[Reflections] Neil Gaiman’s The Ocean At The End Of The Lane

Can it truly be possible that there are some things older than the universe that live among us? That interact with us? That manipulate us? It’s hard to fathom such things, especially when we’re all grown up and taught in our Science classes that there’s no such thing as ghosts or God or fairies, and that it’s all in our heads. Still, they fascinate me because it makes me think not just of what ifs but also of why can’t it be true and why can’t it be me?

Neil Gaiman always does that with his novels. Whenever I read his stories, it’s never a question of having to suspend disbelief because I always feel his stories to be true (“Other People” in Fragile Things gave me nightmares because I believed it). While I was reading his latest novel, The Ocean at the End of the Lane, it wasn’t like I could just picture in my head what was happening, it felt like I was there, too. I’m sure other bibliophiles can relate.

I loved this book. It was exciting, mysterious, fascinating, and all other types of adjectives exulting the work of Neil Gaiman. I’ll let other professional book reviewers talk about this work in detail. My single problem is how the kid narrator managed to sneak out of the house that first time to get to the end of the lane. HE WAS SEVEN YEARS OLD. The way it was written, it felt like it was an older kid running away, NOT a seven year old boy. That’s like a grade 1 or 2 boy. That part I could not wrap my head around. It just seemed way too improbable.

Then again, desperate times call for desperate measures, right?

On a deeper level, the book made me think about the antagonist, the dirty canvas creature that was at least older than our world (if I recall correctly) and believes it is making people happy by giving them money (it was the HOW that was problematic). The main characters said that it was simply doing what it was in its nature to do, and I thought, “Does that make it inherently a bad creature?” I suppose it was the same as thinking all sharks are evil simply because they have been known to eat humans when they’re basically just doing their thing.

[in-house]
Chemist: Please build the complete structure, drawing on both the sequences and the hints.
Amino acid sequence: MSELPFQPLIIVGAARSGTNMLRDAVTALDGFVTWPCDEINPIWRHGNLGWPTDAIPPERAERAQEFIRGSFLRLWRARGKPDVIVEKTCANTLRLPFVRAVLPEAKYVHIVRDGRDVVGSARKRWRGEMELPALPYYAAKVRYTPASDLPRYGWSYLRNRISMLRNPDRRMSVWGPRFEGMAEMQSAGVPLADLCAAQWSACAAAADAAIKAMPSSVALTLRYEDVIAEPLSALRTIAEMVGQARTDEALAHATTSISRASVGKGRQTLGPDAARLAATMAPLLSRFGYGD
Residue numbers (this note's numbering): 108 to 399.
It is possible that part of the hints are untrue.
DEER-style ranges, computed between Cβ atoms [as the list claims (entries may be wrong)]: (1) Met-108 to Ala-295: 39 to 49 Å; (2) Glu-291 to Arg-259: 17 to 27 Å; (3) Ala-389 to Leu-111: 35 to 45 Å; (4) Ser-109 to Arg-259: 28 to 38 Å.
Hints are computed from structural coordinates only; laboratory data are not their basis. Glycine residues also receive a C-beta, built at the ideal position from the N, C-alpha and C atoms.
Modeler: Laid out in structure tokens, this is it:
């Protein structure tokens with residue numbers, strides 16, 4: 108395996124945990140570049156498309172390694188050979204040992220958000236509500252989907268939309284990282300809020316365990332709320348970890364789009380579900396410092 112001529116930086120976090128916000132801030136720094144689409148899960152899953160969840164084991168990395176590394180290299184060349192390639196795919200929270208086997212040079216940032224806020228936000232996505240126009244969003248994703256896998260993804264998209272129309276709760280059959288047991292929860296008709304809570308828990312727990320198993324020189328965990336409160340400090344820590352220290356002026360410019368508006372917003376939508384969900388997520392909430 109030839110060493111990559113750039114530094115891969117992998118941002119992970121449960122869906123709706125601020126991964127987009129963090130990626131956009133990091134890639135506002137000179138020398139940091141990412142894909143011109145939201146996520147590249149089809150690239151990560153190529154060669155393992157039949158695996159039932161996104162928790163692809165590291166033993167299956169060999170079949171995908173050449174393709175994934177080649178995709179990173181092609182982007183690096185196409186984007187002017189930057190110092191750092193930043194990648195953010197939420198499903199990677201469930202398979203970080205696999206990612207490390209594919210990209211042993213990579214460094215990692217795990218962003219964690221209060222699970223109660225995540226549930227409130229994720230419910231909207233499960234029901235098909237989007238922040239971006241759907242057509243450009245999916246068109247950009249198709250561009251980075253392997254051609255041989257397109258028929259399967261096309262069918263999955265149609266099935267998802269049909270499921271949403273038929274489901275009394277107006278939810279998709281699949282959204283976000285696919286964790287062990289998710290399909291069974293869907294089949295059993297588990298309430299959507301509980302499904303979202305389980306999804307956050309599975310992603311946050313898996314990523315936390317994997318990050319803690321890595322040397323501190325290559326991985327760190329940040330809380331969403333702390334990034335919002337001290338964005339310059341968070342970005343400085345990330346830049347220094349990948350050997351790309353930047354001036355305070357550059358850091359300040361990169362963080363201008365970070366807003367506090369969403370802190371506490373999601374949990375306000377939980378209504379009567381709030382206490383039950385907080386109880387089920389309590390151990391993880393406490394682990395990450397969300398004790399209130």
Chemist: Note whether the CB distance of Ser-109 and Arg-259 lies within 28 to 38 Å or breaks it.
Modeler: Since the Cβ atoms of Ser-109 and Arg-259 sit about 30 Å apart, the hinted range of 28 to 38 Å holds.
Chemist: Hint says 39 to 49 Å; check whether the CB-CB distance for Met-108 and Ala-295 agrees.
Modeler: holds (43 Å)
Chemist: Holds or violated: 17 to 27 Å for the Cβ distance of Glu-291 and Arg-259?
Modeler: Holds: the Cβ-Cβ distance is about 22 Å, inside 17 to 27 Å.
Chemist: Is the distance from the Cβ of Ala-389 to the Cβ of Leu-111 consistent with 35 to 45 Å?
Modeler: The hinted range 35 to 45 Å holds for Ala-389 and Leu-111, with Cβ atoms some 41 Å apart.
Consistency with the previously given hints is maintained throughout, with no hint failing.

When the shark metaphor entered my head, I began to pity the creature. It was stubborn at first, but it became scared, and when it got scared it began to do something worse. I could feel its fear. It wasn’t a matter of being sent to the principal’s office, nothing that mundane of course. It was scared for its own life, and it was being punished for something it was in its nature to do and for being afraid.

Perhaps the justification in the punishment is that the creature wasn’t an ignorant animal; it was a creature capable of thought and speech and emotions and making sound decisions. Unfortunately, the one decision it made wasn’t acceptable, and hence it was to be punished.

Again a metaphor entered my head. It reminded me of us humans. When we are afraid or when we panic, we tend to forget to be rational and go with our emotions, making decisions that are usually more harmful than helpful. It is important, then, to not let our emotions run the course of our lives. We can’t let ourselves get manipulated. We are the ones who should run our own lives to make sure that balance is achieved. Yin and yang. Heart and mind. Body and soul. Otherwise, we’d get eaten alive.



3 thoughts on “[Reflections] Neil Gaiman’s The Ocean At The End Of The Lane

  1. Sorry. I was just annoyed kasi (in hindsight) that the creature was condemned kaagad. If it had been human, would we have been kinder and calmed him/her down first? I’m still a muddle of thoughts over this one, actually.


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